Office Romance or Sexual Harassment – Recent media attention to cases involving Seven West Media and Amber Harrison, who had an affair with the company’s chief executive Tim Worner, as well as the scandal engulfing the AFL have demonstrated the potential damage – both financial and reputational that relationships between colleagues can have.

So where is the line drawn and what are the potential dangers for employers?

Given that people spend large portions of their lives in the working environment relationships are  bound to happen and in general that is not an issue if the relationship is consensual on the part of both parties. Issues can occur is one party is unwilling at the start or changes his or her mind about the nature of the relationship during the course of.  This is where persistence can be come sexual harassment. For detail about what is considered to be sexual harassment – Read more

The breakdown of a relationship also has the potential to result in cases of workplace bullying – Read more about workplace bullying

Things that employees and employers should be mindful of;
1. Is there a policy?
2. If so, what does the policy say?

Many companies have polices against relationships in the workplace or perhaps rules and/or guidelines as a result of which the relationship may not be a disciplinary issue but the breach of policy may be.

For employers

I would suggest that the policy is reasonable and defensible. If disciplinary action including dismissal for a breach of the policy is contemplated it is important to consider the decision in Rode v Burwood Mitsubishi where is was held a valid reason must be “defensible or justifiable on objective analysis of relevant facts”.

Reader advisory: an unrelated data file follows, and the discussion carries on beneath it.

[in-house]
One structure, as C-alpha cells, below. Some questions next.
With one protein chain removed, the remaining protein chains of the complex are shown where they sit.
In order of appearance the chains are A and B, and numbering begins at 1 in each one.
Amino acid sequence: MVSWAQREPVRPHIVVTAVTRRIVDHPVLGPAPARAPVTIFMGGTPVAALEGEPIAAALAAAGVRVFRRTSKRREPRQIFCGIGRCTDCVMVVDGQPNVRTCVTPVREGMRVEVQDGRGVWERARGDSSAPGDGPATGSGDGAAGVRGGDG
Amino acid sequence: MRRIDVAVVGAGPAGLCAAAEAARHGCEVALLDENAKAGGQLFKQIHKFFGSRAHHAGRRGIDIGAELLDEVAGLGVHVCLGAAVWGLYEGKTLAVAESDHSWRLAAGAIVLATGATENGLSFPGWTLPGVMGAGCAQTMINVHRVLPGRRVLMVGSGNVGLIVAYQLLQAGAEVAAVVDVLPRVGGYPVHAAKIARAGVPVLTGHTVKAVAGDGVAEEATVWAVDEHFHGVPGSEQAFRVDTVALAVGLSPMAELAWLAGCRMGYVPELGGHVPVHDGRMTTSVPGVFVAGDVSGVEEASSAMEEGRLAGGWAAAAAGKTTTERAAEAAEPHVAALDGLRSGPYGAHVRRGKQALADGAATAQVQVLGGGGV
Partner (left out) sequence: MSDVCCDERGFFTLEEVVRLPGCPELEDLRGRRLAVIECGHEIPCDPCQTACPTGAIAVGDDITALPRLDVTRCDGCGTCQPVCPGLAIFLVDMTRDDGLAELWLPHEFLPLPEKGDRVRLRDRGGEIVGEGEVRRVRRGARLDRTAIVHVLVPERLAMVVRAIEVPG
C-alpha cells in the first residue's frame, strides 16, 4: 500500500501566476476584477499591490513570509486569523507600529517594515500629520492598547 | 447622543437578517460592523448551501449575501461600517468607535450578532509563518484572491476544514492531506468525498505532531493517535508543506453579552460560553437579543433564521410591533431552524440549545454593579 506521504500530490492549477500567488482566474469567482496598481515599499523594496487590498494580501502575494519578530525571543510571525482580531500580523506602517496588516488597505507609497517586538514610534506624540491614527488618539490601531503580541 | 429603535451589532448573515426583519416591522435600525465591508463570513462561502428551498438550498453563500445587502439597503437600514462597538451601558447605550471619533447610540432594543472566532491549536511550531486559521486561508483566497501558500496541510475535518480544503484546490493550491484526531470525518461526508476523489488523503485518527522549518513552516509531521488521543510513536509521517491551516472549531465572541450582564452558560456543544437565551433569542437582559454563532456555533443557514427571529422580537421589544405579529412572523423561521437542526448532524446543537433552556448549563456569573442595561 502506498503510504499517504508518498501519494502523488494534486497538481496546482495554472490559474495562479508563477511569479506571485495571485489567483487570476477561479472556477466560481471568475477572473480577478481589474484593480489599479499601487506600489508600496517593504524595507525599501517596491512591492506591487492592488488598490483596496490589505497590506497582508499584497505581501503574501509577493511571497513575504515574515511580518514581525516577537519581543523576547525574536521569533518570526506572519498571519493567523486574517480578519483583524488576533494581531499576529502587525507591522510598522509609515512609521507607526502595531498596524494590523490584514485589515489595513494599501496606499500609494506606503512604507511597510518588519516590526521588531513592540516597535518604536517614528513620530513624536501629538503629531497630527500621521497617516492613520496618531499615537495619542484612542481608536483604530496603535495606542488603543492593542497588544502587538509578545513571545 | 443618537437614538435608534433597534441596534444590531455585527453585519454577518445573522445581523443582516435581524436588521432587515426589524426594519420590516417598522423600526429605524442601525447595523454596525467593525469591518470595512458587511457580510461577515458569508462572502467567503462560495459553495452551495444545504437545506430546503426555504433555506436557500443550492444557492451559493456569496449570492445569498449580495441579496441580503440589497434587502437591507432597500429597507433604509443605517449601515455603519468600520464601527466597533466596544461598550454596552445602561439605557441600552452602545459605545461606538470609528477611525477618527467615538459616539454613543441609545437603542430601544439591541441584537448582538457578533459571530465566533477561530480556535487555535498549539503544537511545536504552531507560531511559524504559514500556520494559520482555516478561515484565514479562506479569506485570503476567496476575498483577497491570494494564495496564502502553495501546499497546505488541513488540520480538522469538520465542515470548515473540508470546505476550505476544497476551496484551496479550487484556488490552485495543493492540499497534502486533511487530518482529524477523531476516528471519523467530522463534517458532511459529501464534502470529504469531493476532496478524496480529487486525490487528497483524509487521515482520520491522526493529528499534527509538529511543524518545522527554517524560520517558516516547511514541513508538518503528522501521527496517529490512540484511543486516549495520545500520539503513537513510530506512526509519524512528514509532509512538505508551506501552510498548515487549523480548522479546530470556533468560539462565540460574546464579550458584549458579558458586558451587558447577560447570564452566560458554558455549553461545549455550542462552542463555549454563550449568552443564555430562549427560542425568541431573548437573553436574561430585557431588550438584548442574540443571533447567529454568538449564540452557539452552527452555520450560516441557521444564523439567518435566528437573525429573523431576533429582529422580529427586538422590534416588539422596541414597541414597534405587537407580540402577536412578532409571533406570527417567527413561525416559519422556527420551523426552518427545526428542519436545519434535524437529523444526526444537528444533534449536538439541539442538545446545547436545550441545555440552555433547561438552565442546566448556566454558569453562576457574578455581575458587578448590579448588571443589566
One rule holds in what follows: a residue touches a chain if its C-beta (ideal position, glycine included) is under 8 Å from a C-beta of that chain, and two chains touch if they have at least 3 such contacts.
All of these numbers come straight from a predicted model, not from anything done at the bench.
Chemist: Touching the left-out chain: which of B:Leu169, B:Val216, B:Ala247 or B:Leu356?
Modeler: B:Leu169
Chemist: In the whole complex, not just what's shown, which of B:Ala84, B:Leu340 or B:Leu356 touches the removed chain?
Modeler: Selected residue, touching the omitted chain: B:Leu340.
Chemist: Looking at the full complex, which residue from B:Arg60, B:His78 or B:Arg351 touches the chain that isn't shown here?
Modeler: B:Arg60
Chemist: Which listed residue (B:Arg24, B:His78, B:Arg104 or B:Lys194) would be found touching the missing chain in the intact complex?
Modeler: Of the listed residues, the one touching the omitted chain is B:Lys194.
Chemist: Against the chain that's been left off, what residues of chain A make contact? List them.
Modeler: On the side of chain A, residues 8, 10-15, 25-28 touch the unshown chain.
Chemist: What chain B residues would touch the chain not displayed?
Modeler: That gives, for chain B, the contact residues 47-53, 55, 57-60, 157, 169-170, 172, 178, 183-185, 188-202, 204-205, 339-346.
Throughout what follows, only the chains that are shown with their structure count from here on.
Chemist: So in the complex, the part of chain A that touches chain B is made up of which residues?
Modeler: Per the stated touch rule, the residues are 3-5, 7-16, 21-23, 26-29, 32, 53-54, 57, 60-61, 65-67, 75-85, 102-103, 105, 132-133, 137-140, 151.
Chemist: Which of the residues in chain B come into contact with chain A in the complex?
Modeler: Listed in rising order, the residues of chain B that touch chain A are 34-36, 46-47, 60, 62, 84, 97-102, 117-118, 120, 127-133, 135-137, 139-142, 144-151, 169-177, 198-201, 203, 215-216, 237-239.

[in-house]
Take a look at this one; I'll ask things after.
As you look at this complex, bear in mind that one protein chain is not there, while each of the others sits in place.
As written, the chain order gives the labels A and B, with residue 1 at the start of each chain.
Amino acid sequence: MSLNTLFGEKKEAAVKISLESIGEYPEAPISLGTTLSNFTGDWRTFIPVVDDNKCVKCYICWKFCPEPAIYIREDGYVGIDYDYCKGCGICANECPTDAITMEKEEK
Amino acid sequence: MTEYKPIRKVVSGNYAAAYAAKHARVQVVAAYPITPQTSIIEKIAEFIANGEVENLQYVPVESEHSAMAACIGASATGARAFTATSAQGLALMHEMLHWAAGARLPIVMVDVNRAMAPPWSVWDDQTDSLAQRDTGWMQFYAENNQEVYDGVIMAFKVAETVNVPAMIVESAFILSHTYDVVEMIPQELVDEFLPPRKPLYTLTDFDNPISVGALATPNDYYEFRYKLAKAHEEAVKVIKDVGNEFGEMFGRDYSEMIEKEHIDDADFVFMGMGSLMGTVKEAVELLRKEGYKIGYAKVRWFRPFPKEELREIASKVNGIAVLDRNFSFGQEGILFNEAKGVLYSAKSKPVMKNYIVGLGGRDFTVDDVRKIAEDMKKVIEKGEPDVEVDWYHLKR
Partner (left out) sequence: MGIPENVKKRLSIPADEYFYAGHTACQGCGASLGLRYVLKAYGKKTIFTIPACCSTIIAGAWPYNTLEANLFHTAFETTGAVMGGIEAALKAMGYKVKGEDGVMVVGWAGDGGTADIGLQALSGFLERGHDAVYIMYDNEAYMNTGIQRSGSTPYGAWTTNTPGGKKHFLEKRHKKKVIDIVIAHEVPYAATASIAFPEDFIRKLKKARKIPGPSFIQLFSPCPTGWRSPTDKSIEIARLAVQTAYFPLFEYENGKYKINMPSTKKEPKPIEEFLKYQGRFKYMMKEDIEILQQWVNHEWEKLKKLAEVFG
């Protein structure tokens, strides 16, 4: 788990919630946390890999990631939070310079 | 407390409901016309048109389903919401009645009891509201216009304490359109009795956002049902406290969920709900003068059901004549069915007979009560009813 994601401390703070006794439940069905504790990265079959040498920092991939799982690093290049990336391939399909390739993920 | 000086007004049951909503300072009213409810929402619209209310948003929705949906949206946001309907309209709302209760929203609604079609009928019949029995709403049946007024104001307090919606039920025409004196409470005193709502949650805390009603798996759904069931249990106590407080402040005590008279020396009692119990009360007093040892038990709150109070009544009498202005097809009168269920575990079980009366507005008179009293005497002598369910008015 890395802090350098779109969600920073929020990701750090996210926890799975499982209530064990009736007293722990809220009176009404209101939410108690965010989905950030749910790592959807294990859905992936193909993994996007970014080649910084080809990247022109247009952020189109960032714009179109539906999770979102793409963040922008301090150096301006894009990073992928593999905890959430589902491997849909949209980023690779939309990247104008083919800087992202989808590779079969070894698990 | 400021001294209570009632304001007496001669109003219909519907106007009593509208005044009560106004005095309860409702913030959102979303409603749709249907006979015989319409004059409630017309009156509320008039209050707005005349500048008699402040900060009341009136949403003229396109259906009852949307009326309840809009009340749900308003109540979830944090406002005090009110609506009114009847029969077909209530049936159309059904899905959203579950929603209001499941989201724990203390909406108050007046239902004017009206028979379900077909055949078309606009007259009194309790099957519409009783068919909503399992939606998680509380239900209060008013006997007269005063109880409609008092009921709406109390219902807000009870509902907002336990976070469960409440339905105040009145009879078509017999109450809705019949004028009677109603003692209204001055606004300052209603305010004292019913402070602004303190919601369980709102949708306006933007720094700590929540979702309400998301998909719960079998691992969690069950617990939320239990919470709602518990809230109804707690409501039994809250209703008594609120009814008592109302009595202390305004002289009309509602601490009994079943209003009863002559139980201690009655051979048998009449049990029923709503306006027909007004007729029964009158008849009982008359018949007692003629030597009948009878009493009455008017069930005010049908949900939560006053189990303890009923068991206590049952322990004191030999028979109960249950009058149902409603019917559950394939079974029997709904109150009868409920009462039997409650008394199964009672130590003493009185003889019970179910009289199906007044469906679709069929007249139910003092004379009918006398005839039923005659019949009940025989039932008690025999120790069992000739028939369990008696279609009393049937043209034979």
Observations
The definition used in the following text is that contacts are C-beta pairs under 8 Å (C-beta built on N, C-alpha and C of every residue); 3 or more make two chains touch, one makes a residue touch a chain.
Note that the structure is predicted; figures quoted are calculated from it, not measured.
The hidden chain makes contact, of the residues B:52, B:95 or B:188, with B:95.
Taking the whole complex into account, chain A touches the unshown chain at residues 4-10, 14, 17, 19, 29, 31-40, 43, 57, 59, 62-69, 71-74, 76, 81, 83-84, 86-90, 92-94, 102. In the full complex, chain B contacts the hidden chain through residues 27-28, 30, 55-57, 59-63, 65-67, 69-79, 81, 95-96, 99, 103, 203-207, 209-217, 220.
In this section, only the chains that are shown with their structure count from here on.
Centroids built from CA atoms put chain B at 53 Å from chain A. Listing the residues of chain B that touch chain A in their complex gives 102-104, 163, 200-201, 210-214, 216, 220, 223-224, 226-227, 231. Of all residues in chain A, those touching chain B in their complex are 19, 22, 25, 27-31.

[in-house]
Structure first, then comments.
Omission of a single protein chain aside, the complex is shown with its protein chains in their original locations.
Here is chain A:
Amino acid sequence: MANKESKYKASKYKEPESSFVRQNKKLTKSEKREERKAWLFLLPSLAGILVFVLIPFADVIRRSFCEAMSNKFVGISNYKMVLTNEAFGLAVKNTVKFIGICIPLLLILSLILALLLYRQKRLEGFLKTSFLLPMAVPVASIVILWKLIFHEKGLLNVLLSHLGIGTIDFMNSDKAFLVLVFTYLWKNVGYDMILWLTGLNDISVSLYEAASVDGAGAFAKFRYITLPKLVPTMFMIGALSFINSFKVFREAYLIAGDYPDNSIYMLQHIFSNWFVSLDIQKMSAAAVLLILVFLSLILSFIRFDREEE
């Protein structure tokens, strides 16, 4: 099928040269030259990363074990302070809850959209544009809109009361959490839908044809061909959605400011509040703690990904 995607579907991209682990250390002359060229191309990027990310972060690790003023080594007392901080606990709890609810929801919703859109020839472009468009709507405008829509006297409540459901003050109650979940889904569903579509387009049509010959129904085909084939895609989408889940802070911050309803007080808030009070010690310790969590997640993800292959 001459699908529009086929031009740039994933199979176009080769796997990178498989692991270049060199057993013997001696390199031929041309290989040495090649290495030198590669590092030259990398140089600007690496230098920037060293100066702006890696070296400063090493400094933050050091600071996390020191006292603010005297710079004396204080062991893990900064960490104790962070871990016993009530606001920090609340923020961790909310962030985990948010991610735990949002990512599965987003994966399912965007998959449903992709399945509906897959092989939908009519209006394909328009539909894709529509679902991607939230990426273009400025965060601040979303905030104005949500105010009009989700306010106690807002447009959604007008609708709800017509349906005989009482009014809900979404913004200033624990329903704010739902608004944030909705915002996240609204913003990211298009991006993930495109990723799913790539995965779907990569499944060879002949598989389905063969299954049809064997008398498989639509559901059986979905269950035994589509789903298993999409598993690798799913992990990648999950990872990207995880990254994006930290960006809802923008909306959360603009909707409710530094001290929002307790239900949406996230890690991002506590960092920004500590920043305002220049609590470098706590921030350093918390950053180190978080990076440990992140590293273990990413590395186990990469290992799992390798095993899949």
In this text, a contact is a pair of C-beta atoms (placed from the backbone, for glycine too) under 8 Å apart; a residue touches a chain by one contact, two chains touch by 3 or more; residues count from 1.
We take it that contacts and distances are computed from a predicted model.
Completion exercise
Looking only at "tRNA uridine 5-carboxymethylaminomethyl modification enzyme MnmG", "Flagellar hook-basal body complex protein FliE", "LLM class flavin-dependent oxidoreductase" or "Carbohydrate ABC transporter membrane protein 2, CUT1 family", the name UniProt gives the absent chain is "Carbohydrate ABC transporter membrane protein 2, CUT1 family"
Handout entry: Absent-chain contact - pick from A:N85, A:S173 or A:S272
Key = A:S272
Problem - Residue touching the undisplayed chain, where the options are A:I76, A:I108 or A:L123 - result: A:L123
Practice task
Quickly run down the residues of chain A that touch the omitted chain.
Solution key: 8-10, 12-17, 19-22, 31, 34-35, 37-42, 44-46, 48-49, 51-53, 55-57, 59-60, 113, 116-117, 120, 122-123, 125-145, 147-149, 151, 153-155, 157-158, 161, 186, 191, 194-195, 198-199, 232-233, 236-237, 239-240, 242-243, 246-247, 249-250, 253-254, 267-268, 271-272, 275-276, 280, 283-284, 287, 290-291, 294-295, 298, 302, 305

Banning all romantic relationships in the workplace might be considered to be unreasonable, however ensuring employees who have reporting relationships are not subject to bias or conflict of interest when it comes to appraisals and performance management is important.

Without taking away your freedom of choice, managers having relationship with subordinates can be highly problematic due to the inequality of the power in the relationship.

If there is a policy in place employers MUST communicate that policy if they wish to rely upon it. This is best done in training that details the behavioural expectations of the organisation.

If there is no policy, get one.

For Employees

1. Be aware of any policy, rule or guideline the organisation has in place.
2. If in doubt declare the relationship or keep it out of the office (harder said than done, someone always knows or suspects).
3. Keep the relationship at work professional

When everything is happy

Romance of any kind can be a wonderful thing when things are going well but a nightmare when they are not. It might be hard not to bring issues into the work place.  This is where personal relationship issues have the potential to become workplace bullying, harassment and sexual harassment and a situation where an employers may be found vicariously liable to the behaviour of their staff especially mangers – Read more about Vicarious Liability